Tuesday, 28 February 2023 14:55

Kiwifruit growers brace for hit

Written by  Sudesh Kissun
NZKGI chief executive Colin Bond says this season looks to be an “extraordinarily challenging one”. NZKGI chief executive Colin Bond says this season looks to be an “extraordinarily challenging one”.

The 2023 kiwifruit harvest season has kicked off with growers bracing for lower yield and poor quality fruit.

New Zealand Kiwifruit Growers Incorporated (NZKGI) says adverse weather over recent months has meant that the 2023 season is forecast to be a lower volume year than last year’s 160 million trays exported to overseas markets.

NZKGI chief executive Colin Bond says this season looks to be an “extraordinarily challenging one” for growers.

He says NZKGI is focused on alleviating a range of pressures on many growers at this time.

“There is also a wider concern with the recent climatic conditions, including lack of sunlight hours, which may impact on fruit growth as harvest approaches,” Bond told Rural News.

“There is also a wider concern with the recent climatic conditions, including lack of sunlight hours, which may impact on fruit growth as harvest approaches.”

Bond says the industry has been working hard to lessen ongoing quality issues that hampered last years’ harvest.

“Growers have also faced adverse weather effects such as hail, frosts, cyclones and associated flooding in the lead up to harvest that have impacted on kiwifruit volumes. Combined with a year of poor opening of flower buds which form kiwifruit, this season looks to be an extraordinarily challenging one for growers.”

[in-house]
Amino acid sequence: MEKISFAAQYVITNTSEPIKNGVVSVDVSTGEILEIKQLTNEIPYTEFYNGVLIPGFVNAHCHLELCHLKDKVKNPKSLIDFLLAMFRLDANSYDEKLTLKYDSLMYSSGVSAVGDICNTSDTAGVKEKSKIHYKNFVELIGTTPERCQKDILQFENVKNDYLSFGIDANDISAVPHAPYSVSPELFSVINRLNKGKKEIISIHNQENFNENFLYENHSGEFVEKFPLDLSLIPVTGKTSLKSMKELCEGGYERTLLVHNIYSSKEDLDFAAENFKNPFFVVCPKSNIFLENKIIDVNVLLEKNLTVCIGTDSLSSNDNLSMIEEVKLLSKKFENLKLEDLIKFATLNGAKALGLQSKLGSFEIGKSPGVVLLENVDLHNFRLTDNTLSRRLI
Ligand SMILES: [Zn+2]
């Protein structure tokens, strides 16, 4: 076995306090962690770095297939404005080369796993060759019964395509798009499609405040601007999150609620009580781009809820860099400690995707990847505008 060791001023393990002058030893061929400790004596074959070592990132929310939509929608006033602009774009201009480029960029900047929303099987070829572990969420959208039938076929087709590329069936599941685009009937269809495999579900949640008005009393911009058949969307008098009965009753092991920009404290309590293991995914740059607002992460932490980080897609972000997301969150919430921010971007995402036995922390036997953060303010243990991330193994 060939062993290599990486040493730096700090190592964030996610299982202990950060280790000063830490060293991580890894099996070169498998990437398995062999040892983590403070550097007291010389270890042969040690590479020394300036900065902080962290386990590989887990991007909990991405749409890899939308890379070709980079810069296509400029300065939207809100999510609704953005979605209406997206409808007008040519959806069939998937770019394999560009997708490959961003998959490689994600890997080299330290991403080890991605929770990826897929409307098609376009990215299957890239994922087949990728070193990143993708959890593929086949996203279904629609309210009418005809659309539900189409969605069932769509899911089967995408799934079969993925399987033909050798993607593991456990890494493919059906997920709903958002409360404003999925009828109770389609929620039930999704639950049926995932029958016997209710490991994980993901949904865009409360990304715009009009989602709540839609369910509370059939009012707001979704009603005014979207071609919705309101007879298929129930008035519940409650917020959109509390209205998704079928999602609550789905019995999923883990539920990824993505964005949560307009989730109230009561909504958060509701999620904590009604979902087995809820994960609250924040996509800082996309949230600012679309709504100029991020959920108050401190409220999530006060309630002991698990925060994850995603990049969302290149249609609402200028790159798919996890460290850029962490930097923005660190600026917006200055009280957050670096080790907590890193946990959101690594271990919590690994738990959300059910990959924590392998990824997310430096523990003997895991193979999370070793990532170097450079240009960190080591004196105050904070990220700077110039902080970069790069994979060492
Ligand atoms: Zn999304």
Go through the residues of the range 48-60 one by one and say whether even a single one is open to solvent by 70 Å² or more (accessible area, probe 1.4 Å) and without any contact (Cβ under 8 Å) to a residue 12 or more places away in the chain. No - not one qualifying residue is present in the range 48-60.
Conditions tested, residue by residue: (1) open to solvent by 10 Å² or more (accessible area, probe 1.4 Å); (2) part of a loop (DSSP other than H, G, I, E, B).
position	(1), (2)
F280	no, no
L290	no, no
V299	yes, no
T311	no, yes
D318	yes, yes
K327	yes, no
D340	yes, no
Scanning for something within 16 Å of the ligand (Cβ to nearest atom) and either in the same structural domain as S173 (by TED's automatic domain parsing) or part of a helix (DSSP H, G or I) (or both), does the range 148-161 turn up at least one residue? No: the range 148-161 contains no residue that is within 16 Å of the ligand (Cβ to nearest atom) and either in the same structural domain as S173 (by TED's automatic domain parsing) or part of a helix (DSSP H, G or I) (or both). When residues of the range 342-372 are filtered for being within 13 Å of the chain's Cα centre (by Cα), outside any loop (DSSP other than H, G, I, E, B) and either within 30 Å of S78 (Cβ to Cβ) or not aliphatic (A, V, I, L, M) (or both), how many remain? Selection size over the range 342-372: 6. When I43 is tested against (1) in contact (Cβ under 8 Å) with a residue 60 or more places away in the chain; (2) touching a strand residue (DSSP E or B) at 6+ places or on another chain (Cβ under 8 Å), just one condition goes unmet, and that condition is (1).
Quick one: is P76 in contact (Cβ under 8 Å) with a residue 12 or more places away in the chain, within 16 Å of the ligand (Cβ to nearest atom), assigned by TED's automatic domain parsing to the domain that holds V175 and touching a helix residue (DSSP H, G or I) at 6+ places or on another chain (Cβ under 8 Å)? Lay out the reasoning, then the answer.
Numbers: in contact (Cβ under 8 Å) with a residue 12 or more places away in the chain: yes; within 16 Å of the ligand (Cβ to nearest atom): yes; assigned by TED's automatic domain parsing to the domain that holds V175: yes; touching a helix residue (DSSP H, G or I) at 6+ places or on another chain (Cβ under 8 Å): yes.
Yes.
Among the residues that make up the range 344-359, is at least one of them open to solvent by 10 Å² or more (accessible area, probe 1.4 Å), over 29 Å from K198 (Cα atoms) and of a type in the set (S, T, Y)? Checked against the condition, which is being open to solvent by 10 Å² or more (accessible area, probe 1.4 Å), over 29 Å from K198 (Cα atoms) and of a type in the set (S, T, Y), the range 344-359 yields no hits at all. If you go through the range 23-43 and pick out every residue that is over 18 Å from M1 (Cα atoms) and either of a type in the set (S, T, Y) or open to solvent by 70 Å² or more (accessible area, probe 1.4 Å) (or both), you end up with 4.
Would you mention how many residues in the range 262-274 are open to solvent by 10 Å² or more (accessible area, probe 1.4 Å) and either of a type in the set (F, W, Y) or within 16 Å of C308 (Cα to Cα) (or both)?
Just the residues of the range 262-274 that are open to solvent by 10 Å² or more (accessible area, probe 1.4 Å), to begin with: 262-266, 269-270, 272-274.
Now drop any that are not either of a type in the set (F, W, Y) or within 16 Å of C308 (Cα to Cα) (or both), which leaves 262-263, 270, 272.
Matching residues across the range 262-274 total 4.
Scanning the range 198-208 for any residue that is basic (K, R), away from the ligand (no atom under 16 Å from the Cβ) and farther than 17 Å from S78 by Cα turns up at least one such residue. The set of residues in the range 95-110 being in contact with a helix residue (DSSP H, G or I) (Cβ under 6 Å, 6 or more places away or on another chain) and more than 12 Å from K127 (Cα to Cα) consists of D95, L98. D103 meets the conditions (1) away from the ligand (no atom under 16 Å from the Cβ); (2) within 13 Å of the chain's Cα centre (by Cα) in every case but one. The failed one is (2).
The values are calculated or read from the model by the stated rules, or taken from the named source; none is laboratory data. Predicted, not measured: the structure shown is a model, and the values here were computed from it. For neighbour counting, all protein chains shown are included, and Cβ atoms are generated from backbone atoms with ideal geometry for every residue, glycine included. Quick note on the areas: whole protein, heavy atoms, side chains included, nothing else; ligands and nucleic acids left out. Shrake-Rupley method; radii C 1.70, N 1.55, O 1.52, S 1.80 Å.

The lower forecast volume for 2023 means the sector will need less labour than 2022, which required 24,000 people to pick and pack the fruit.

The reopening of New Zealand’s borders, lack of Covid-19 and downward economy also indicates a temporary respite from the severe labour shortages of previous years.

However, Bond points out that the drop in volume of kiwifruit produced in 2023 only provides the industry with temporary relief. The pressure to source sufficient labour in 2024 is forecast to return when volumes significantly increase.

New Zealand has approximately 2,800 kiwifruit growers located from Kerikeri to Motueka.

“The industry must work together to ensure the 2023 season runs as smoothly as possible despite the curveballs being thrown,” Bond told Rural News. “I encourage kiwis to get involved in the industry, whether it be picking, pruning, packhouse work or otherwise.”

Seeka Spared

One of the country’s largest kiwifruit traders, Seeka, says the full extent of the impact on the 2023 crops will likely remain unknown until the fruit is harvested.

The listed company says its core Bay of Plenty kiwifruit growing region was spared the worst by Cyclone Gabrielle.

However, the Hawke’s Bay, Gisborne, Coromandel and Kerikeri regions had varying degrees of impact, with Hawke’s Bay being worst hit. Approximately 5% of Seeka’s kiwifruit supply is grown in the Hawke’s Bay region.

Seeka chief executive Michael Franks told Rural News the 2023 kiwifruit volumes are expected to be lower than the 2022 harvest year due to an early season frost, variable bud break and Cyclone Gabrielle.

“Our response to this circumstance includes a reduction to the 2023 capital expenditure programme and a focus on reducing costs in line with the lower crop expectation.”

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